Theosophy – July 1897

THE WORLD OF SCIENCE: II — L. G.

The address to the Society for Psychical Research by its President, Professor William Crookes, F.R.S., in January last, is a notable paper, that will doubtless fail — as usual — to attract from the scientific world the attention it deserves. Professor Crookes has had his experiences in this respect, and has not been cowed by them, while admitting that his individual ardor in disclosing results, may have suffered abatement. A zealous and indefatigable student, an open and sincere mind, and a courageous soul, — the world of science is indebted to him for numerous discoveries of importance in realms that he was almost the first to explore. The demonstration of the fourth or "radiant" condition of matter and the conduct of atoms in a vacuum are among his achievements, and it is, in fact, to the so-called Crookes' tube that the latest disclosure, of the nature and effect of the Rontgen rays are due. His recognized standing in the scientific world, however, did not prevent his being hounded by ridicule and persecution, and his sanity even being challenged when twenty years ago, he ventured to investigate the extraordinary phenomena illustrated by Home, the American medium, and had the nerve to publish the results of his investigations, as conscientious and accurate as any he ever made, indicating the existence of natural laws with which the world is not yet acquainted. Crookes' experience ran parallel with that of the German physicist Zollner, who pursued a similar line of enquiry, and as a reward for his courage and fidelity to truth, was finally driven into a madhouse by the vituperations of his colleagues. Professor Crookes in his address does not hesitate to declare that Psychical Science seems to him "at least as important as any other science whatever," and the "embryo of what in time may dominate the whole world of thought." He states his conviction that no one can possibly declare what does not exist in the universe or even what is not going on about us every day. He therefore deprecates all dogmatism, confesses ignorance, and abides in the cheerful hope and expectation of new and interesting discoveries. We know little or nothing of the conditions that will invest us after death, — or so much of us as shall survive that event, — but it is in the highest degree improbable that spiritual existences are subject to so material a law as gravitation, or that materiality, form, and space are other than temporary conditions of our present existence.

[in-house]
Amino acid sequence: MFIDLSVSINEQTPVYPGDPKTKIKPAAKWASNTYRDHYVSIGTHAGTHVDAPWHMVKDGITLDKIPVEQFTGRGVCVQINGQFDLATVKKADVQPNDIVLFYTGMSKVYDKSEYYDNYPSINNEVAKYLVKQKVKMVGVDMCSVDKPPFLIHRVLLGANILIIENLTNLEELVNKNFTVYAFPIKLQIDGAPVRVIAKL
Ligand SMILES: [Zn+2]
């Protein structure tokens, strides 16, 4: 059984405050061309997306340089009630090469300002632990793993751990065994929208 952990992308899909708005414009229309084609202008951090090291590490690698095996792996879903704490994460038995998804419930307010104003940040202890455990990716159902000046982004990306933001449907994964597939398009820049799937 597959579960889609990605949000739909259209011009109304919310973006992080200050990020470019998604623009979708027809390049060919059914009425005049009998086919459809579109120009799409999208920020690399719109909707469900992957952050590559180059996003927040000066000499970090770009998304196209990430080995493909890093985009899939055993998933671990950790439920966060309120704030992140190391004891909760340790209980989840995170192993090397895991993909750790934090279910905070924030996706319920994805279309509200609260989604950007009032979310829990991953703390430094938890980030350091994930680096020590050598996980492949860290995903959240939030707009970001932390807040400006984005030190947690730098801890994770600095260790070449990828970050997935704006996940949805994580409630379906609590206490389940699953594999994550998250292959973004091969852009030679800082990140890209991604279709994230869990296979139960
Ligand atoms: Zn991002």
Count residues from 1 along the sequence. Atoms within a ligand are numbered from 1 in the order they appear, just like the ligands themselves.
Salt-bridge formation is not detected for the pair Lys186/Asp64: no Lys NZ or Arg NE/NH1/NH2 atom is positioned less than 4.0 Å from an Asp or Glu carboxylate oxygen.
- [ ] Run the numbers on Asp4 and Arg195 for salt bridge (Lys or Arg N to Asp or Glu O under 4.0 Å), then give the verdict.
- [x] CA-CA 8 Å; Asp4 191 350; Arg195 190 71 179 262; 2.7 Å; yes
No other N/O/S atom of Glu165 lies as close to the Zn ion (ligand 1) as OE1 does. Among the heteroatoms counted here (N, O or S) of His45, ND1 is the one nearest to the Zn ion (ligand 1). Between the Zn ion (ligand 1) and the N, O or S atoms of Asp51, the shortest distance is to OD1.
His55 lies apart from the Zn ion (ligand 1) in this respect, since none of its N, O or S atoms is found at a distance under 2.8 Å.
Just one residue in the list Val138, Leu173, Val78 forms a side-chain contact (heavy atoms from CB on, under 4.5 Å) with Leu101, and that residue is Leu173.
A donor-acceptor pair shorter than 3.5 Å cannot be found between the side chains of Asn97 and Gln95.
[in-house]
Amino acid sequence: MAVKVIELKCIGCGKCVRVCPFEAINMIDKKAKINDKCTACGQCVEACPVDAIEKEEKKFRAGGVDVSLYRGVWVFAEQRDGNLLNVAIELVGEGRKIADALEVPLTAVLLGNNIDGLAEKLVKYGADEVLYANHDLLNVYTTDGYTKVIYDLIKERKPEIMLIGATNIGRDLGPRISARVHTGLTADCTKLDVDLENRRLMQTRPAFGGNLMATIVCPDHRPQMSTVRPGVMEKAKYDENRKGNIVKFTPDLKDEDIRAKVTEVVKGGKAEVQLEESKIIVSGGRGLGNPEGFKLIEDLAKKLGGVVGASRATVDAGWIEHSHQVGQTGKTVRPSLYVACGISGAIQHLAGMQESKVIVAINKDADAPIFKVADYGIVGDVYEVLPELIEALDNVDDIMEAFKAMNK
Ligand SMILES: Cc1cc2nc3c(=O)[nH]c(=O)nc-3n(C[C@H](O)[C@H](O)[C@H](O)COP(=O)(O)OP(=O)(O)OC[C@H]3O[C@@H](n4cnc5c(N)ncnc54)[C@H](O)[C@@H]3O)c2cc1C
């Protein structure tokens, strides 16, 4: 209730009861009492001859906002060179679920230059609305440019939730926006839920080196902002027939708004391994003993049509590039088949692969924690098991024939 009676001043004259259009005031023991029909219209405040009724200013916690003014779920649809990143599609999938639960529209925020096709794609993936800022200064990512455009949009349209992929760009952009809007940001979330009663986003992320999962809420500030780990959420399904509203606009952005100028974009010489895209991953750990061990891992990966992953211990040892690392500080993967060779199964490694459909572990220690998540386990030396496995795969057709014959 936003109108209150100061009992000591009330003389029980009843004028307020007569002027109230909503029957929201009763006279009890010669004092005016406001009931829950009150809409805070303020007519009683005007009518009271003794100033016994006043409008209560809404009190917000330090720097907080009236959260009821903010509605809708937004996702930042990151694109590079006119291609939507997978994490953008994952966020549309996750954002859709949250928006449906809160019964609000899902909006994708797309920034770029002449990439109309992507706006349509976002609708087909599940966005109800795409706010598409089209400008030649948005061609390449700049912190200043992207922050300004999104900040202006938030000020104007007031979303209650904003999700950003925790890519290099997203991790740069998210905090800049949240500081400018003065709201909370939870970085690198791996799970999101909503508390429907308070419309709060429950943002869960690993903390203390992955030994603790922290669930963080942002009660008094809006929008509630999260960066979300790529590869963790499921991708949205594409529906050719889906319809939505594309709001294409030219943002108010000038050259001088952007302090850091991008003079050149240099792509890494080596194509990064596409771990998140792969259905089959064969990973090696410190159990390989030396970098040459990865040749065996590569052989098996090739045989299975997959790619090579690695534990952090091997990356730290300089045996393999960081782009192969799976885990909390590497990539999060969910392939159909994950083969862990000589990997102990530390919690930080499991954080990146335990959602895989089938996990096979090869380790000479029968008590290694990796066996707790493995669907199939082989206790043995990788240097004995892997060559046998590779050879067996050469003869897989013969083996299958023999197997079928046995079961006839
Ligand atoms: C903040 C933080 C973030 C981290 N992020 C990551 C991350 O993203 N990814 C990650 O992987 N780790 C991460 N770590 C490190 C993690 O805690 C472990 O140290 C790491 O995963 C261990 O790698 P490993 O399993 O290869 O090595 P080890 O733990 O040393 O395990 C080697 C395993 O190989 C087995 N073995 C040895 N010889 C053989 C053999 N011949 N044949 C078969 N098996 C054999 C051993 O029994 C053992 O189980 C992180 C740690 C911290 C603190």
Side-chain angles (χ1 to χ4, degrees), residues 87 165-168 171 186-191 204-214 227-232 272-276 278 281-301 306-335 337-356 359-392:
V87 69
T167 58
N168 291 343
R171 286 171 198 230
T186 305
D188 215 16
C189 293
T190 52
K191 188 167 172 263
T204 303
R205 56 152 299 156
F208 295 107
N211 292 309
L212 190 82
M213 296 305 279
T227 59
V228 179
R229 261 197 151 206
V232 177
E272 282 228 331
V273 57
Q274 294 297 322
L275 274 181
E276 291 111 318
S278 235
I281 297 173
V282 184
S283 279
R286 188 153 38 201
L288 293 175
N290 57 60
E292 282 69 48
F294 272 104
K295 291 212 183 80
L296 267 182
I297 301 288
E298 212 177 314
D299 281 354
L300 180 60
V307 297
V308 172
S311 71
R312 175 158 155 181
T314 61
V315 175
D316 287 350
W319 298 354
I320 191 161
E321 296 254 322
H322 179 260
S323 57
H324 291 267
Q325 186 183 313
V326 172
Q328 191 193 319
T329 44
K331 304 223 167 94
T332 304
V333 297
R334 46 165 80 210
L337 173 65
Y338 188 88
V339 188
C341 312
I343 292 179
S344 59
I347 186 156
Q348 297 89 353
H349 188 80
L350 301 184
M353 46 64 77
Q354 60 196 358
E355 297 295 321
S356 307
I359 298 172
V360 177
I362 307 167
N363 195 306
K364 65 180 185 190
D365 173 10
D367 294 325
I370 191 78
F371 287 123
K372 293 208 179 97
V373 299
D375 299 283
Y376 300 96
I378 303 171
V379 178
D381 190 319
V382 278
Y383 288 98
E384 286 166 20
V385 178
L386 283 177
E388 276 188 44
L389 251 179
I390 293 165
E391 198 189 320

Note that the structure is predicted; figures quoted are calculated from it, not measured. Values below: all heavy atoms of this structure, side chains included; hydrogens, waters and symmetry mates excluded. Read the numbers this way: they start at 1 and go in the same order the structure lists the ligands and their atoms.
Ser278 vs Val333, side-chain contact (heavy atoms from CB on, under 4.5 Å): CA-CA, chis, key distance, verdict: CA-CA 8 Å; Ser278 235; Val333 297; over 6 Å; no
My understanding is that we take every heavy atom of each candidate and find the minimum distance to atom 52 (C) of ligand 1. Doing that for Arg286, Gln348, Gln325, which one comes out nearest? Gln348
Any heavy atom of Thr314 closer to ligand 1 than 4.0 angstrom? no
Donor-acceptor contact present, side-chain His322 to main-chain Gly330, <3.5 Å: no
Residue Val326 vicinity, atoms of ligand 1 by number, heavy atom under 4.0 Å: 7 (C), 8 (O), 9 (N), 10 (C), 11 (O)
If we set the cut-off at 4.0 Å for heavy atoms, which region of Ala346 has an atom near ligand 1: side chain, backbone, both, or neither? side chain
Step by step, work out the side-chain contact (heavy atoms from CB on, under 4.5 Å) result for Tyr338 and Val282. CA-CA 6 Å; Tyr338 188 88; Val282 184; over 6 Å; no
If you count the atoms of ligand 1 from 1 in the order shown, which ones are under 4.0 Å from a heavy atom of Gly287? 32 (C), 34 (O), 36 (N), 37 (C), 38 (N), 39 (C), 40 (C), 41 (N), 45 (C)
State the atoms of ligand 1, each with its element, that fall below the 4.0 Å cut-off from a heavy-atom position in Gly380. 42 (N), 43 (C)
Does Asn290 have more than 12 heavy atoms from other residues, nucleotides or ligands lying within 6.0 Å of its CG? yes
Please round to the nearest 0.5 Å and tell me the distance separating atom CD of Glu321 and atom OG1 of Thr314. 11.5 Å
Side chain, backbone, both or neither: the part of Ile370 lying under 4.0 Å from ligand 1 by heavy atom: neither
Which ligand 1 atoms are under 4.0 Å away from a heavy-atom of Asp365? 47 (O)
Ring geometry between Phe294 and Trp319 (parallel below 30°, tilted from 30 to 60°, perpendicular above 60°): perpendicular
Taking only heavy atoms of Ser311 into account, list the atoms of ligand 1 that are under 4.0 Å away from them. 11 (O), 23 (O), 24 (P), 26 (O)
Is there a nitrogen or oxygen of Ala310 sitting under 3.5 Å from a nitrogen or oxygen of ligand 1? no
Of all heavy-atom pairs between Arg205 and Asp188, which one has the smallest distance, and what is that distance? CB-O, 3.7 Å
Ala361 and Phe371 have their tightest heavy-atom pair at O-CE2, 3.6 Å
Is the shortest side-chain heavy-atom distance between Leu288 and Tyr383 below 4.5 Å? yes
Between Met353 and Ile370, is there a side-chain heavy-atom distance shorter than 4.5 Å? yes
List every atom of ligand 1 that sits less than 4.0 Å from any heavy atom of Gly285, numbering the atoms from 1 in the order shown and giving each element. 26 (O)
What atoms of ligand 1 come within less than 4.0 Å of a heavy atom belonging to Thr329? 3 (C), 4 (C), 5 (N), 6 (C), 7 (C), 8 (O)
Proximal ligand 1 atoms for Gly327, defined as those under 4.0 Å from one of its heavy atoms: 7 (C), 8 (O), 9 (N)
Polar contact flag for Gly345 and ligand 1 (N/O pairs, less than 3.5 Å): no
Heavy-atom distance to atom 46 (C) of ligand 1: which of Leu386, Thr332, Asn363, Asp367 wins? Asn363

Intelligence, thought and will, of which we may conceive our posthumous constitution to consist, must be untrammelled by space or gravitation, and yet it is difficult to imagine them independent of form and matter. What then must be the constitution of matter that it shall serve its purpose to form at once the solid rock ribs of the earth, and the ethereal moulding of spiritual substance. With Faraday, Crookes considers that the atom must be conceived not as a hard, irreducible, infinitesimal mass, but as a "centre of power," and that "shape" is merely a function of the disposition and relative intensity of the forces.